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The Great Book Locker Room – Library Schism

Students from grades 9 to 12 take a moment to chat or study in the library during the month of December, one of the busiest times of year for the popular location.

Students from grades 9 to 12 take a moment to chat or study in the library during the month of December, one of the busiest times of year for the popular location.

Photo by Marina Ten Have, Dohyun Kim

Students from grades 9 to 12 take a moment to chat or study in the library during the month of December, one of the busiest times of year for the popular location.

Photo by Marina Ten Have, Dohyun Kim

Photo by Marina Ten Have, Dohyun Kim

Students from grades 9 to 12 take a moment to chat or study in the library during the month of December, one of the busiest times of year for the popular location.

The Great Book Locker Room – Library Schism

“So.. are you book locker room or library?” I’m quite sure that all of us know exactly what this means. Yes, I am talking about the unspoken divide between two distinct groups of students here at ASIJ—a schism so prevalent, that it was the only thing that was consistently mentioned through all of my interviews; so naturally, I wanted to find out more. I wanted to unpack the underlying factors that have led us to a  rigid sectionalism within our community, and why this matters for us both as individuals and as a school.

Photo by Marina Ten Have, Edit by Dohyun Kim

Let us first try to understand the “Great Book Locker / Library Schism.” A few interviewees suggested that it is a spatial issue: a literal, physical, architectural problem. Notice how despite our cold winters, the school incorporates a significant amount of outside space. The only indoor area meant specifically for hanging out is the book locker room, yet it certainly does not provide nearly enough space for 500 students. So where do the others go? Well, the library!

Already, there is an inevitable, physical divide that is established.  On top of this, a few interviewees found that since ASIJ has an elementary, middle, and high school, many social groups developed throughout the course of many years. Thus many of us get too comfortable in our own social circles and don’t feel that need to reach out, making it very hard for newcomers. One student who came from an American public school said that it took him up to a year to find a “solid friend group” because the cliques were so established.

So, how does this sectionalism shape, or promote certain features of our environment?

“Diversity” is a word that was brought up almost immediately. Senior Tyler Cross put it quite perfectly: “ASIJ is diverse—but it’s a limited diversity.” What does this mean? Cross defines the diversity here at ASIJ as one that is inherently part of our school. Having a mixed-race majority—though it may be predominantly Eurasian—makes us automatically more diverse than most Japanese or American public schools. However, we are limited because of the demographic filtration that occurs even before students are admitted into the school, namely in the form of economic discrimination—a factor that often filters the scope even further.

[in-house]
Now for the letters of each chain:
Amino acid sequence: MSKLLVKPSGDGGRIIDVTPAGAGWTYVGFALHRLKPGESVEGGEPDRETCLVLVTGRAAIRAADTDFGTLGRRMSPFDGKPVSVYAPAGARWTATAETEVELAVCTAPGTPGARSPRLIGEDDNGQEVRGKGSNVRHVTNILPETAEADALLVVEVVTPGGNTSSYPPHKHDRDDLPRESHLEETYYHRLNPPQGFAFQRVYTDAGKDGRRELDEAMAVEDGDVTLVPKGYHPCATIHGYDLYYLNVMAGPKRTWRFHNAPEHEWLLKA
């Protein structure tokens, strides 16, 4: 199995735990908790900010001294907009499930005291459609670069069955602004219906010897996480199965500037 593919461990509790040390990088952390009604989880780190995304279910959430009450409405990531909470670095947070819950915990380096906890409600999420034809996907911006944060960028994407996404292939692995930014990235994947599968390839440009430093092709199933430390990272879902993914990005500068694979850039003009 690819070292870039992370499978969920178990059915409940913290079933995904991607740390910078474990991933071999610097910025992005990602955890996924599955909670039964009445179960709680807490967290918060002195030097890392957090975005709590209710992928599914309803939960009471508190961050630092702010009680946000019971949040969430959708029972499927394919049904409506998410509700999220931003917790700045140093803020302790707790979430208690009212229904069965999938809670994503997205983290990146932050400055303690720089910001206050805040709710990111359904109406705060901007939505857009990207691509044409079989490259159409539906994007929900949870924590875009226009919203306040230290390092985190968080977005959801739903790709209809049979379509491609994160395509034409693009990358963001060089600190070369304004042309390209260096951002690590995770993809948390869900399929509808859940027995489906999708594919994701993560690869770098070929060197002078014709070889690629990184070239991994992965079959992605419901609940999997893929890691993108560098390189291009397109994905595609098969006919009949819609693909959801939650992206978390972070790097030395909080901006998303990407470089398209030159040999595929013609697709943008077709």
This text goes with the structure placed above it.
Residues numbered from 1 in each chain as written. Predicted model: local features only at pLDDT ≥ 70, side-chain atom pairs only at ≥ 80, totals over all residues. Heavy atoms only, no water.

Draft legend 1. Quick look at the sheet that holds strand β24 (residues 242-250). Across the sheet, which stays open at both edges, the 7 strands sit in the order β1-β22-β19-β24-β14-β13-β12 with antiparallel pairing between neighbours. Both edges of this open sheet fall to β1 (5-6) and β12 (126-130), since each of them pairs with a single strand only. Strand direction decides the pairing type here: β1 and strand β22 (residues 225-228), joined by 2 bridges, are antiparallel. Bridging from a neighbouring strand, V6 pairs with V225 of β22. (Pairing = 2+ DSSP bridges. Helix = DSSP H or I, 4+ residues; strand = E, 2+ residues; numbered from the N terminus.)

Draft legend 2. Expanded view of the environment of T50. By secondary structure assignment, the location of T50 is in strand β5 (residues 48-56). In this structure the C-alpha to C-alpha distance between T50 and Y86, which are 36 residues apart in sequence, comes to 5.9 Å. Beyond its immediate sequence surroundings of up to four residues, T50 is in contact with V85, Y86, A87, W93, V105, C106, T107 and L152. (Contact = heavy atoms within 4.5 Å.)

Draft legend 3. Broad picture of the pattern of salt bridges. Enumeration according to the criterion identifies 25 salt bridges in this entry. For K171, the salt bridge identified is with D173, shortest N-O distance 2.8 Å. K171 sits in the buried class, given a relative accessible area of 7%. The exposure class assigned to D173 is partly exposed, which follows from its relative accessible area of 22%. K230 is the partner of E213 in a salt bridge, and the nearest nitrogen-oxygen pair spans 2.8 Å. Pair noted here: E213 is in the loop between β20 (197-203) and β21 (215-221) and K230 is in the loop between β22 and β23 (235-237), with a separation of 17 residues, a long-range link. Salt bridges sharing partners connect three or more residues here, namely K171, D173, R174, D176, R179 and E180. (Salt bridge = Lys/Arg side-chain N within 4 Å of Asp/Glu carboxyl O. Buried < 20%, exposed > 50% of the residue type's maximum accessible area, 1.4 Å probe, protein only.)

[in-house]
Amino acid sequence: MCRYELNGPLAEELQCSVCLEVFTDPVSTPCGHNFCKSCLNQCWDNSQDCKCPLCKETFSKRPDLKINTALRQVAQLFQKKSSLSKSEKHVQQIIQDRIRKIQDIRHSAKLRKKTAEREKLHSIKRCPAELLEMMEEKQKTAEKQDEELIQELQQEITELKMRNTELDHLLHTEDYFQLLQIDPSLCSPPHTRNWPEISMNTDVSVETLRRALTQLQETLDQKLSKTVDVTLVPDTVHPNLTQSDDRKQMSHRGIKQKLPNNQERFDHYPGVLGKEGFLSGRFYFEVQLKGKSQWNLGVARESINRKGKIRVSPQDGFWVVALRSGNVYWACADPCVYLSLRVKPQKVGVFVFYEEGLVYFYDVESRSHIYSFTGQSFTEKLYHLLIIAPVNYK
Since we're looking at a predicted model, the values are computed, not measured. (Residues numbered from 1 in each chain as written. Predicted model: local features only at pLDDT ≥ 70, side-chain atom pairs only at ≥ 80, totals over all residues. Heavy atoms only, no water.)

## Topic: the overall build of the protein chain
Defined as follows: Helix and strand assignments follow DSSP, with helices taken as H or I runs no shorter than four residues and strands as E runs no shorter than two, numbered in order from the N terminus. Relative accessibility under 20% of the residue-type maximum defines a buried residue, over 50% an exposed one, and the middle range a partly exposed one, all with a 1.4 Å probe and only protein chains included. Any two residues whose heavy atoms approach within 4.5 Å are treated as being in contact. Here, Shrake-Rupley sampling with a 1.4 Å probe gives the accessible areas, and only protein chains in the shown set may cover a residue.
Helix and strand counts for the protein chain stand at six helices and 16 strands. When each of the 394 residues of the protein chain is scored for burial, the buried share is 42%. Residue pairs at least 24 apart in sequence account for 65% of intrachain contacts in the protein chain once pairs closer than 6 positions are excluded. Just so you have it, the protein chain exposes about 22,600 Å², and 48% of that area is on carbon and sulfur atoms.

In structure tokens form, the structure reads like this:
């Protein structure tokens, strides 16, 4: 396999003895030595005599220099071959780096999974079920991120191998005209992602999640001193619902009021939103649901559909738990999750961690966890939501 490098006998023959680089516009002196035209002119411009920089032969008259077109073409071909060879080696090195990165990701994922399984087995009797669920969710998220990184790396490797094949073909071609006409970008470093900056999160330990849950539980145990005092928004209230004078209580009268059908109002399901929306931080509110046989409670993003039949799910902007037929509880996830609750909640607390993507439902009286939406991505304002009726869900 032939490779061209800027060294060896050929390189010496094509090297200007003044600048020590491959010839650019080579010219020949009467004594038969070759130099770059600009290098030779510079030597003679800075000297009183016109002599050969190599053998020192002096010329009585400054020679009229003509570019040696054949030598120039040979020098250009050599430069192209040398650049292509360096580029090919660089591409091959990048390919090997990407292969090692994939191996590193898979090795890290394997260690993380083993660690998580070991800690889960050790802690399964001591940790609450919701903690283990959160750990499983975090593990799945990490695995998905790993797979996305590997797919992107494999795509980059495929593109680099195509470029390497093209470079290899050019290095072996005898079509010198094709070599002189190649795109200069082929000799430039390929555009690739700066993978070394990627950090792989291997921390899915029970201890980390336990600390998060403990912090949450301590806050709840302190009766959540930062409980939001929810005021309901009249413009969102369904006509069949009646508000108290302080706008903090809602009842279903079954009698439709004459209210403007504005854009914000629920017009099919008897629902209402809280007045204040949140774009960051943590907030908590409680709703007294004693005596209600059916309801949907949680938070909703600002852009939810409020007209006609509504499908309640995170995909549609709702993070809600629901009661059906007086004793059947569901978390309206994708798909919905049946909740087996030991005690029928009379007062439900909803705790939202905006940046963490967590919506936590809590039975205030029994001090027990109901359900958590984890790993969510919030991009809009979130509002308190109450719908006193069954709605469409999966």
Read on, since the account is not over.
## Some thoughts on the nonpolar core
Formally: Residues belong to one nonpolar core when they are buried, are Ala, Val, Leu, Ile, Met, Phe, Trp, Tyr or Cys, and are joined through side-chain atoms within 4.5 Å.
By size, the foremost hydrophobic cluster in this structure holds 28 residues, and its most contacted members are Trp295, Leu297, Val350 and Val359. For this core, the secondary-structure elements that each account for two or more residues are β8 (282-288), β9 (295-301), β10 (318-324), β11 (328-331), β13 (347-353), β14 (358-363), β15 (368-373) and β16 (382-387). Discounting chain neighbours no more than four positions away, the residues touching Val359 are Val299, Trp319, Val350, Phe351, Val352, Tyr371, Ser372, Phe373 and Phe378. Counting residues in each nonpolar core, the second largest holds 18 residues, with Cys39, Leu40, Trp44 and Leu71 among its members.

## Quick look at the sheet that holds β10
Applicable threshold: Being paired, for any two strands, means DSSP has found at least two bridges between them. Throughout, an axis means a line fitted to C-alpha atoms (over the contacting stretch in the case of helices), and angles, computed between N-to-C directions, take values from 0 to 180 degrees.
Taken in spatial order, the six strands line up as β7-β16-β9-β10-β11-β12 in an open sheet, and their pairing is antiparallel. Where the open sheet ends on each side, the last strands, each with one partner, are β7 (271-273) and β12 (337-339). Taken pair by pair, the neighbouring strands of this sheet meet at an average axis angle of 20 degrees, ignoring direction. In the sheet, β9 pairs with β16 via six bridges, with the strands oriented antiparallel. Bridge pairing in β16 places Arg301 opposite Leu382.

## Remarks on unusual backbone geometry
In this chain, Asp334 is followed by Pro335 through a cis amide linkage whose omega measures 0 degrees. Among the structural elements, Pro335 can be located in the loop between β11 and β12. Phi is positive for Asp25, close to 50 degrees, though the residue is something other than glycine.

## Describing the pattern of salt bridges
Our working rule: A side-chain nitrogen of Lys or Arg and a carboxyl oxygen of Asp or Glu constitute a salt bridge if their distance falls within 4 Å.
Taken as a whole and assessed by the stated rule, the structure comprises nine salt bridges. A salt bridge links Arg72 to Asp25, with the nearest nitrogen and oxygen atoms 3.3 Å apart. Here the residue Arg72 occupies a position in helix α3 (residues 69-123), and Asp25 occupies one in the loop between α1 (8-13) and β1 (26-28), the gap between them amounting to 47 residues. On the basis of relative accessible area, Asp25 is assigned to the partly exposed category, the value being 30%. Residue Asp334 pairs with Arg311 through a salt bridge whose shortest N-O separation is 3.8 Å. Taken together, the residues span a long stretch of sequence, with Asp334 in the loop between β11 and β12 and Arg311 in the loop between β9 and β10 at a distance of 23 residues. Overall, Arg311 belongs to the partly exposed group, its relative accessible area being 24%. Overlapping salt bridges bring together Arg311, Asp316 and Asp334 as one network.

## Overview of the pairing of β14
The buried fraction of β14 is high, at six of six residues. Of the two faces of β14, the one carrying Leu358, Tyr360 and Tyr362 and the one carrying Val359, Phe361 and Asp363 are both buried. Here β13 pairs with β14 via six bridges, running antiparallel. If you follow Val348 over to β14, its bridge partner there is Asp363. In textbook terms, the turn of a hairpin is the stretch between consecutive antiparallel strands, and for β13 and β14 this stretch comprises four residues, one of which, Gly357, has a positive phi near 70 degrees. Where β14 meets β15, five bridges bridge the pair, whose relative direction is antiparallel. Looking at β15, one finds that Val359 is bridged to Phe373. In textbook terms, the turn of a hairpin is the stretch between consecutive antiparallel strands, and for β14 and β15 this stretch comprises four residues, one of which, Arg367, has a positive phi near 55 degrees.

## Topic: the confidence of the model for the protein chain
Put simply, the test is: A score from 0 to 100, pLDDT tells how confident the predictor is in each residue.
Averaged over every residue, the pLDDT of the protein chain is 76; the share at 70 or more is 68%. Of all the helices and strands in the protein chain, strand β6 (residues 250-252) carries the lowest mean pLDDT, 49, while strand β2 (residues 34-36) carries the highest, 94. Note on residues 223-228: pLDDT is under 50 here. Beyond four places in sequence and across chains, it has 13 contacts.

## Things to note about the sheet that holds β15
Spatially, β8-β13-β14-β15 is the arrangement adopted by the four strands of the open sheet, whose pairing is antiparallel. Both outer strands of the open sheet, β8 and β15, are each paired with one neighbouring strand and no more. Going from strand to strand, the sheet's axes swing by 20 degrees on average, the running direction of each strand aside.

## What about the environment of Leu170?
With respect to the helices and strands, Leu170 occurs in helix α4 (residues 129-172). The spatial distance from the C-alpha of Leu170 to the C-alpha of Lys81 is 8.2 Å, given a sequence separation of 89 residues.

Photo by Marina Ten Have, Edit by Dohyun Kim

This is something we, as students, cannot entirely control. But paired with the further divisions we have created within our community, there is even less space to open ourselves up to ideas and perspectives. Many people feel that our school culture has been shaped by quite a limiting standard—based on an exclusive hybrid of Japanese-American elements— through the way we dress, the music we listen to, and even the use of certain bilingual words. Although this does create an interesting, and in some ways inherently ‘diverse’ culture, some students feel left out and excluded.

So, how does this relate to the social divide at our school? Well, it all really goes back to the lack of social interaction. Since we are so stuck with our own people, there are limited opportunities for us to mold our culture in new ways, new directions.  There is little chance to explore further and connect with those who hold unique tastes in music or fashion.

Photo by Marina Ten Have, Edit by Dohyun Kim

Why is this a concern? Well, consider this: at least one student at our school is scared to listen to the music she likes in fear of being judged by her peers. Another student is scared of expressing his support for the Republican party for the same reason. They are scared to express themselves in fear of deviating from this ASIJ cultural norm that we have created or at least allowed to persist.

So, yes, we are the American School In Japan, but we represent something more: We are ambassadors of multiculturalism and broken barriers. It’s time that we started to work towards cultivating a more fluid, interactive and expressive community, not only to improve our school, but to prepare ourselves for the diversity that lies beyond.

 

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